"The ITT Wars" by Rand Araskog

Brian Gongol

One-paragraph review: Among the things I like best in business are (1) conglomerates and (2) CEOs who can write for themselves. So "The ITT Wars" ought to have released enough endorphins in my brain to leave me tickled for days. Not so. It's well-written, and flows easily as a business history -- Rand Araskog, the author and the former CEO and chairman of ITT deserves credit for that. But the book is a profoundly self-serving perspective on the circumstances surrounding his ascension to the leadership of the once-great ITT conglomerate and its near-downfall in the mid-1980s. The bottom line, if one reads closely enough, is that ITT grew considerably in the time before Araskog took over, and it took on far too much debt to do it. But Araskog turns every opponent into an adversary -- particularly Jay Pritzker, who becomes the subject of almost half the book. Araskog frames Pritzker as a sneaky opportunist who would have destroyed Araskog's precious ITT. History suggests strongly otherwise: Pritzker was undoubtedly an opportunist (inasmuch as any great value-driven investor strikes when an opportunity arises to buy something for a price far less than its true value) -- but Pritzker was a builder, not a cheater. Araskog's portrayal of his role in the era and as the head of one of America's biggest corporations as that of someone from a bygone era -- when government and big business cooperated heavily to preserve the status quo. Pritzker (and his business partner, his brother) famously resented the interference of government in the private sector and preferred to be left alone. A fascinating alternate history would tell us how enormous ITT would be today if Pritzker had won out -- taking over ITT at a time of great vulnerability and (almost certainly) invigorating it with more disciplined management. Instead, ITT broke up in the 1990s and is today only a shadow of its former self.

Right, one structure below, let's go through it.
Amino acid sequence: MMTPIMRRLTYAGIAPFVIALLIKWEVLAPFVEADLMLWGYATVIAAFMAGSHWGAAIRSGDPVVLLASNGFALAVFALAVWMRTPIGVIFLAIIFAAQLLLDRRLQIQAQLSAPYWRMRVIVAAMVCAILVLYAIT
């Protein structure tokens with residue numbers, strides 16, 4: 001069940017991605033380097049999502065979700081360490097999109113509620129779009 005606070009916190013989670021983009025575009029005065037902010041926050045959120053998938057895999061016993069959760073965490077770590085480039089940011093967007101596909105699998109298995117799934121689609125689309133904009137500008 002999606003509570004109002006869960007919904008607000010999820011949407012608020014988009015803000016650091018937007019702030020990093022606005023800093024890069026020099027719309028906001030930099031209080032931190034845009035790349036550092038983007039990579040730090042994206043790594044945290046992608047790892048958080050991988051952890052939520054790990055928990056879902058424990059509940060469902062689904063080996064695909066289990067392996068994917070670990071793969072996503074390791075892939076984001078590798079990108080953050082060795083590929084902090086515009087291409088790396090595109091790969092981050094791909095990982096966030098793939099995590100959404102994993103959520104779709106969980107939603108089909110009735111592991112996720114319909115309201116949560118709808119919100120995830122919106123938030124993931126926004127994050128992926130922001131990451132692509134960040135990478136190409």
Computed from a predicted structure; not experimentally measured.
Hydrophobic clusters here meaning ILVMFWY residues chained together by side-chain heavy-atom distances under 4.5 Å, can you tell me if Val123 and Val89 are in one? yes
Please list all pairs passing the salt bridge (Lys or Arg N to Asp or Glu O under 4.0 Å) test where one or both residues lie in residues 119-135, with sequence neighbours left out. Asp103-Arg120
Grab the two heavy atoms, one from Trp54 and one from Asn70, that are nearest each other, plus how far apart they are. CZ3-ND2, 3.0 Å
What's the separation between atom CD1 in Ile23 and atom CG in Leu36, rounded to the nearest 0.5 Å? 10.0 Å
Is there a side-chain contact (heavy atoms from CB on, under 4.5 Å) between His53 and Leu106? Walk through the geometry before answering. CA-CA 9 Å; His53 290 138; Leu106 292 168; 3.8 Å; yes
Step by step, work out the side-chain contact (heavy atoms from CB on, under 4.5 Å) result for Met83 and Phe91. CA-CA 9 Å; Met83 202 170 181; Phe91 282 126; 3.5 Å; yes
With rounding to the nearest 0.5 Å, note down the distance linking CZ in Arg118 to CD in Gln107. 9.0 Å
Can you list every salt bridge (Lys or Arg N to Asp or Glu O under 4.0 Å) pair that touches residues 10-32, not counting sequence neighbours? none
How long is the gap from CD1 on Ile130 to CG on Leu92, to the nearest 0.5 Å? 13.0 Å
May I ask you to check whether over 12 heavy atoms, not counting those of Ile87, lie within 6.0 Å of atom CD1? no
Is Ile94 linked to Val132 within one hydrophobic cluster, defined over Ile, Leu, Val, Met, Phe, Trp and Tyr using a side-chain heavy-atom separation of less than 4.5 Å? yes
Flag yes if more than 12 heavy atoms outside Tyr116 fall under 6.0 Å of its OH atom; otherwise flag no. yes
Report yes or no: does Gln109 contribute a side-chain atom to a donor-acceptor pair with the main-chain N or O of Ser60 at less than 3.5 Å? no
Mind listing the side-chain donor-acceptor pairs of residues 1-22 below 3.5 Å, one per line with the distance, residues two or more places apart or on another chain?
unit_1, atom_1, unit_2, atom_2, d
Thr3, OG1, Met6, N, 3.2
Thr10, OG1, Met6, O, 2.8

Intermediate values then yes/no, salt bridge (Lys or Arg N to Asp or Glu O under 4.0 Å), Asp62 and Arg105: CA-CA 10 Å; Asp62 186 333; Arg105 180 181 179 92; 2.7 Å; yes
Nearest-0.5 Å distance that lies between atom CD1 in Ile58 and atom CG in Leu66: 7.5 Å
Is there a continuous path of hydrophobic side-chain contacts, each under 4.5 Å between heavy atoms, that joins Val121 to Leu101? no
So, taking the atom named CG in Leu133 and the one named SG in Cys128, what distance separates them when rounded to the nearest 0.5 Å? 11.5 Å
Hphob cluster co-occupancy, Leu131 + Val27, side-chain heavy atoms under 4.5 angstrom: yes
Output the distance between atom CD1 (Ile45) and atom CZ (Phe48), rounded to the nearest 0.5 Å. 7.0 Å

Verdict: Worth the read, but only in the context (and after careful understanding) of the environment and other circumstances surrounding the story -- Araskog paints a seriously biased picture.